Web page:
On Aug. 18, a judge in a Pulaski County juvenile court hearing terminated that court’s jurisdiction over the children, said the Kunderts’ attorney, Ronda Cortesini. The children are back with their parents, and that closes the case, with no further involvement from the Missouri Department of Social Services’ Children’s Division. There was never a finding that either of the Kunderts neglected or abused their children, Cortesini said.
“We’re relieved, but we’re disappointed,” said Rae Kundert, after the hearing. “We feel that as soon as her autopsy report came back, they could have put our kids back with us.”
The autopsy report was completed in January.
“They jumped to conclusions and came in and removed our children,” she said. “It’s frustrating we had to go through all this to get to this point.”
Cortesini said she “got involved in this case because I felt like it was an injustice.”
Army investigators have said the Kunderts are no longer under suspicion in Ali’s death, and that the investigation is currently focusing on another person, said James Phillips, an attorney hired by the Kunderts to act as counsel to facilitate communication, in their frustration because of lack of information. In this role, Phillips serves solely as a conduit between the Kunderts, investigators and the special victims prosecutor at Fort Leonard Wood, he said.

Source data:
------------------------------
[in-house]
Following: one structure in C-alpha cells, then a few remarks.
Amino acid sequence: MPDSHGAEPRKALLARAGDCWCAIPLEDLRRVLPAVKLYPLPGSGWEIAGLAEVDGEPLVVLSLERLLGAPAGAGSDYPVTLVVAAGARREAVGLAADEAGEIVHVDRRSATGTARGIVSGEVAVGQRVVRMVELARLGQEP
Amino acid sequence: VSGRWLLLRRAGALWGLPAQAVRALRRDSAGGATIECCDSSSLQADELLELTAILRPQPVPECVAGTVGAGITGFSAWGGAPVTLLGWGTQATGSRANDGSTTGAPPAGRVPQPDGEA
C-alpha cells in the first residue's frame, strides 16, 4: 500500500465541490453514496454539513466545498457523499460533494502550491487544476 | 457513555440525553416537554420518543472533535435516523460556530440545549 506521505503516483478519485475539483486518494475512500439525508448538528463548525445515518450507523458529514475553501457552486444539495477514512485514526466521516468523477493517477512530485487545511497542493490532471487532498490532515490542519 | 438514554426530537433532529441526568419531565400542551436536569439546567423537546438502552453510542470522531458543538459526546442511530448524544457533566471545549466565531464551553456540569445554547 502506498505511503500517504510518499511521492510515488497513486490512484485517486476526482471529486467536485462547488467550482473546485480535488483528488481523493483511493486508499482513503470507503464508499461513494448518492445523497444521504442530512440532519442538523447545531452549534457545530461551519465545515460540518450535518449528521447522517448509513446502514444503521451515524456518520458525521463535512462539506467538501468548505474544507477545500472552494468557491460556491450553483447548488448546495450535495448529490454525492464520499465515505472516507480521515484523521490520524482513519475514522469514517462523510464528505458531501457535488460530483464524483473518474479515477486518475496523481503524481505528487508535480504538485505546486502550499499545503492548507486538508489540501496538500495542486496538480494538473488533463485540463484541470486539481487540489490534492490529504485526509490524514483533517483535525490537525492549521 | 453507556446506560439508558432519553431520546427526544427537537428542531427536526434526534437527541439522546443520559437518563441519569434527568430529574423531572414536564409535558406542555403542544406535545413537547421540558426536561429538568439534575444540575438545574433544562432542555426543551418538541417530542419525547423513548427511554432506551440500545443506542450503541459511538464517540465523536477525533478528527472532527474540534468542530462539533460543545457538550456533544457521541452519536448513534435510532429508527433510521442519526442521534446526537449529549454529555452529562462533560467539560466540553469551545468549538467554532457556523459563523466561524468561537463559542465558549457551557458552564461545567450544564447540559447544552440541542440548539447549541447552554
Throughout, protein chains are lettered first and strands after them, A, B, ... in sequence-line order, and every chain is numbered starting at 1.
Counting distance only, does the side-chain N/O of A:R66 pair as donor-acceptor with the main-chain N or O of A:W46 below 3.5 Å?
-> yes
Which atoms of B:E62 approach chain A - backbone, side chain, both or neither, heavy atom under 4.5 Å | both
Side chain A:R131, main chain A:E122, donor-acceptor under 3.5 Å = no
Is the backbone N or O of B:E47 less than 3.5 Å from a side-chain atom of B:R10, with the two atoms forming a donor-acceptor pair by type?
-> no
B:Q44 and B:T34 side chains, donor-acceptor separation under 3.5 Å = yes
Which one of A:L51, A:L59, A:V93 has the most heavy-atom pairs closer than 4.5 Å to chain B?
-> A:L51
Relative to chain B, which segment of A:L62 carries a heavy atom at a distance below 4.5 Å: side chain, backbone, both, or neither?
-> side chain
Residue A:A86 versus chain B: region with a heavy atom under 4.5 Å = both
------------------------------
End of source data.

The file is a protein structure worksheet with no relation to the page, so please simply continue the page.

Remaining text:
‘She hit her head hard’
The incident that sparked the investigations happened at the babysitter’s house, but the babysitter had left to take her daughter to school, leaving her soldier husband to watch Ali, according to Rae Kundert. The soldier made the 911 call that alerted officials to a problem.
Military Times is not naming the soldier or the babysitter because neither has been charged with any crime.
Jonathan Kundert dropped off Ali at the usual time, between 7:15 and 7:30 on Nov. 6, according to Rae Kundert. At 8:57 a.m., the soldier called 911, according to a call log.
According to the tape of the 911 call, the soldier said the child fell down about eight or nine stairs, after he had put her down for a nap upstairs.
“She hit her head hard. She’s limp and acting very funny,” the soldier told the dispatcher. He said she had a knot on her head where she hit.
Moments later, the soldier can be heard during the 911 call reaching out to to Jonathan Kundert, telling him he needs to rush to the babysitter’s house.
Rae and Ali were flown to St. Louis Children’s Hospital. Doctors later explained that because of the damage to her brain, Ali would never regain consciousness, Kundert said.
According to the medical examiner’s report, the cause of death was “blunt force injuries of the head and neck.”
The report raises questions about how the death occurred. According to the autopsy neuropathology report, the nature of the injuries of the neck and upper thoracic spinal cord indicate that “this was not plausibly caused by a fall of this small child down a short flight of 4 stairs, as was apparently alleged to the EMS personnel.